Federal Law and The Hierarchy of Authority
The United States Constitution is the supreme law of the land. All federal law must conform with the Constitution.
There are four types of federal law. These four types are called "primary law." In hierarchical order of authority (highest to lowest authority) they are:
The hierarchy of authority is important because it enables plaintiffs to challenge United States Codes (legislation passed by Congress) and Administrative Law (law written by unelected bureaucrats) as unconstitutional.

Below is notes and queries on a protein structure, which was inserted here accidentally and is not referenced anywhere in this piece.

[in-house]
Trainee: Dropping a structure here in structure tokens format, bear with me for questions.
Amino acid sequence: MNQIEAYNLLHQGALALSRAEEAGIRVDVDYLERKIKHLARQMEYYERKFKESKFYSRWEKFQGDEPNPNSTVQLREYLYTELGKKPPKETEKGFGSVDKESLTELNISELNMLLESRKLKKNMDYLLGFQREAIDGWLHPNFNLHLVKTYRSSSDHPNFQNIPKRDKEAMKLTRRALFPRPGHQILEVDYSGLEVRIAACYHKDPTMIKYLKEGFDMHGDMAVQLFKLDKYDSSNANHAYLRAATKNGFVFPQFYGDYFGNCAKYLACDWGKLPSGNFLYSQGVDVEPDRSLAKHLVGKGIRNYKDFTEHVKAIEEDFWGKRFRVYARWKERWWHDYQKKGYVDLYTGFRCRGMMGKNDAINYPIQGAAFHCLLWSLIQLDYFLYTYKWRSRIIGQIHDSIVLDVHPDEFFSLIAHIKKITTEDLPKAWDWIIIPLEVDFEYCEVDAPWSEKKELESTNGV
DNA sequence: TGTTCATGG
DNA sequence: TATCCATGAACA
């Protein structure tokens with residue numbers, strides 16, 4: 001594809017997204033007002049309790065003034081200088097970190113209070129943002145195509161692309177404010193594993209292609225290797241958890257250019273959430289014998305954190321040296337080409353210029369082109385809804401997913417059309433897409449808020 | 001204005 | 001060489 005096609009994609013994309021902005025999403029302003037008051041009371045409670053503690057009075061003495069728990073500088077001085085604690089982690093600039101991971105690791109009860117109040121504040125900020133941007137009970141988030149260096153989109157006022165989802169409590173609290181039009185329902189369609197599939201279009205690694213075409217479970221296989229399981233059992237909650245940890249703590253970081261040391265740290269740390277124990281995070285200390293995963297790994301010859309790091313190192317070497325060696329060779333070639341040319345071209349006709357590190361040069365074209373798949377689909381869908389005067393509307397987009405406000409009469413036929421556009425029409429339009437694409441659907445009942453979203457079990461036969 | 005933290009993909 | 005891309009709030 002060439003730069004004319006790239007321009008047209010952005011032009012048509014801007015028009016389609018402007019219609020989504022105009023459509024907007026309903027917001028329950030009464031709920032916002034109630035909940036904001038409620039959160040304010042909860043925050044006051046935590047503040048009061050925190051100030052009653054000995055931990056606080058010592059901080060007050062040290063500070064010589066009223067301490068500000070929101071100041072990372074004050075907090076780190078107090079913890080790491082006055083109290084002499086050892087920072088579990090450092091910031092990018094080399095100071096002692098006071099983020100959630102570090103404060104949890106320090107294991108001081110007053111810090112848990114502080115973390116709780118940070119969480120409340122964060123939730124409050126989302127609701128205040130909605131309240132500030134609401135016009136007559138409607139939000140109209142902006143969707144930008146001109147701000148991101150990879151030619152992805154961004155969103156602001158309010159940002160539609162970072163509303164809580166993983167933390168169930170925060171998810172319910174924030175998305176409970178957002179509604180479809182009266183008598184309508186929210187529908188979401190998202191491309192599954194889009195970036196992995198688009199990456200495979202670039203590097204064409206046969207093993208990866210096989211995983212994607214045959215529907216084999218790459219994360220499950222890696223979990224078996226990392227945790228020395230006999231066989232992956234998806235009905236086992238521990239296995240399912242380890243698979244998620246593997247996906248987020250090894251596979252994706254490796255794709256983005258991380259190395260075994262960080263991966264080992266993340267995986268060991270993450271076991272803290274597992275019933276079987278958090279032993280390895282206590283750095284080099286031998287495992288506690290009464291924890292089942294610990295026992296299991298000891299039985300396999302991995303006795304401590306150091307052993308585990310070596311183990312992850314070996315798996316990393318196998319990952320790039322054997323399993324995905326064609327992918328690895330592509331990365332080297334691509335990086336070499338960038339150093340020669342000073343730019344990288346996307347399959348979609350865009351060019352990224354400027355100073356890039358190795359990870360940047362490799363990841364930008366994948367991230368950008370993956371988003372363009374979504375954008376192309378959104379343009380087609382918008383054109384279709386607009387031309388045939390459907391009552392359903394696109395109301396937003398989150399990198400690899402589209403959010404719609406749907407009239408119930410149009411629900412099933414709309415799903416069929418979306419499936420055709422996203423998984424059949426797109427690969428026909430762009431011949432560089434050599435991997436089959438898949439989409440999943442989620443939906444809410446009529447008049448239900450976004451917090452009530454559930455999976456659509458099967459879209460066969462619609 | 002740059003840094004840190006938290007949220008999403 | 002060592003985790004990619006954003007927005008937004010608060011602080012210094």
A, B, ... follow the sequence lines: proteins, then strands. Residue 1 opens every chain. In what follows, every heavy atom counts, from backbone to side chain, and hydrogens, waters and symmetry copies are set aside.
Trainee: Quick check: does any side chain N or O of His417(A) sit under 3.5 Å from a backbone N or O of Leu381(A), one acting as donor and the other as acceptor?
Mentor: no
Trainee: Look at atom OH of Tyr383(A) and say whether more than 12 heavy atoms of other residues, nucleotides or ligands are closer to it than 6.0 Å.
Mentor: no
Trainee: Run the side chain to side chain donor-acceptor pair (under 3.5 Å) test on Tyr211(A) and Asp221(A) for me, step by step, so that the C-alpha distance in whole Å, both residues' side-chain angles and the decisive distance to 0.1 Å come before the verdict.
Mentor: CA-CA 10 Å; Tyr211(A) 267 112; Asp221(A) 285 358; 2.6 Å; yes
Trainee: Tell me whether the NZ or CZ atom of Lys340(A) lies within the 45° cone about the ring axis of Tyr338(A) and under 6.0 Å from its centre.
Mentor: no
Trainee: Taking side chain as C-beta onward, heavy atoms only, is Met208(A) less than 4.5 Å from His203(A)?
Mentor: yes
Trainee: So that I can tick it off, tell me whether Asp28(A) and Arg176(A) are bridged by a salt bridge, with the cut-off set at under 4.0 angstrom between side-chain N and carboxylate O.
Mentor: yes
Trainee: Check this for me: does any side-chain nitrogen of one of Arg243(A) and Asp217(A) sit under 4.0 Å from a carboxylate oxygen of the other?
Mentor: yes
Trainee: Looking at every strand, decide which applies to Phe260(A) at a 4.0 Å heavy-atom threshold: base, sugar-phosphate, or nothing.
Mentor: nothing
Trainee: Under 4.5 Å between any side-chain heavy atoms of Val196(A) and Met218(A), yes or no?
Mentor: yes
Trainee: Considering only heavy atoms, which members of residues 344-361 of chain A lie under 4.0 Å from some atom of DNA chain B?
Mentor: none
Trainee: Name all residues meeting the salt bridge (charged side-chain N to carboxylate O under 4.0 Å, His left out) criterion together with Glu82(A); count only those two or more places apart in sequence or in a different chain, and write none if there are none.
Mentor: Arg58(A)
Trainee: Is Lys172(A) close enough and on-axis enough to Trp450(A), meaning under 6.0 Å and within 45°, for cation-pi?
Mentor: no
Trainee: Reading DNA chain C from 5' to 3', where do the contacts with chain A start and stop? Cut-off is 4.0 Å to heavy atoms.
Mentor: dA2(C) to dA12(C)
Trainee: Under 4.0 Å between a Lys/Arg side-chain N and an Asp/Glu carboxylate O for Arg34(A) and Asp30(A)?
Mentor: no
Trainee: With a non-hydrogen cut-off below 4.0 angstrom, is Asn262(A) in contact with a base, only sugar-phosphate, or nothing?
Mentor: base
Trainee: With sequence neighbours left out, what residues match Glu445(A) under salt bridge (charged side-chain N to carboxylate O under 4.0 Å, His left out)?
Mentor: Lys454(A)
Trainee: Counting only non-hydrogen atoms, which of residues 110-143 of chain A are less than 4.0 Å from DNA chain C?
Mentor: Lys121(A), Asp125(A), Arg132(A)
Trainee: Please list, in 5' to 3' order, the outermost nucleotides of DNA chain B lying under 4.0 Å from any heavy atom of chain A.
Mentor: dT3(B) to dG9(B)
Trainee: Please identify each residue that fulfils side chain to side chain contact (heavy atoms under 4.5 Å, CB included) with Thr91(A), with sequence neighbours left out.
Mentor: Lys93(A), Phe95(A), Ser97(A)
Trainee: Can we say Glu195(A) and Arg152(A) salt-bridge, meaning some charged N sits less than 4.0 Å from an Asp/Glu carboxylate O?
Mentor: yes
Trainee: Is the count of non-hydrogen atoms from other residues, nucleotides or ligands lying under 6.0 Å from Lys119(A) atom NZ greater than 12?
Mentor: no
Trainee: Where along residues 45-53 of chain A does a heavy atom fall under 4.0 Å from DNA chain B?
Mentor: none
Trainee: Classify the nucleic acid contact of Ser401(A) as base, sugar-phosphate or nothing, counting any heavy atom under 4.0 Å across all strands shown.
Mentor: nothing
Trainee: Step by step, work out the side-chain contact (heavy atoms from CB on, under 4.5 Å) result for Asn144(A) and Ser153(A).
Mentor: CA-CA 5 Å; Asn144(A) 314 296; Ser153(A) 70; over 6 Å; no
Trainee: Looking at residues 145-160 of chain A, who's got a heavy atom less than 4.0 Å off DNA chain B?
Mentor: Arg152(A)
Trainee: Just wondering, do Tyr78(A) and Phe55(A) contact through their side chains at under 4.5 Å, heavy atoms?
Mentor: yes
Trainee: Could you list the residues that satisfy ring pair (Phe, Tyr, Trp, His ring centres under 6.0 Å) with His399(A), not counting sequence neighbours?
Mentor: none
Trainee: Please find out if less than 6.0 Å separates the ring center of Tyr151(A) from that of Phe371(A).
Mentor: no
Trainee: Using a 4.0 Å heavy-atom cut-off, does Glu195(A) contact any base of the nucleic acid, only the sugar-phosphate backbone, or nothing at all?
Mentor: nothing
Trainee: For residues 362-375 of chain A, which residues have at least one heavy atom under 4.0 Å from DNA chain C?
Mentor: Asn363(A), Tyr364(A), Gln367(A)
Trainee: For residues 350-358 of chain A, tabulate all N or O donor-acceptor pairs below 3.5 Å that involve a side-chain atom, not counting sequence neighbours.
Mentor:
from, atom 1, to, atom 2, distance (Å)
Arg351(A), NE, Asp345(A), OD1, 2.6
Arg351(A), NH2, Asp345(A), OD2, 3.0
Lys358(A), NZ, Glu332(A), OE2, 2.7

Federal Law vs State Law
Article VI of the Constitution contains the Supremacy Clause, which dictates that federal law is higher than state law. State judges must follow the U.S. Constitution, laws, and treaties of the federal government in matters which are directly or indirectly within the government's control.
Under the doctrine of preemption, which is based on the Supremacy Clause, federal law preempts state law, even when the laws conflict. Thus, a federal court may require a state to stop certain behavior it believes interferes with, or is in conflict with, federal law.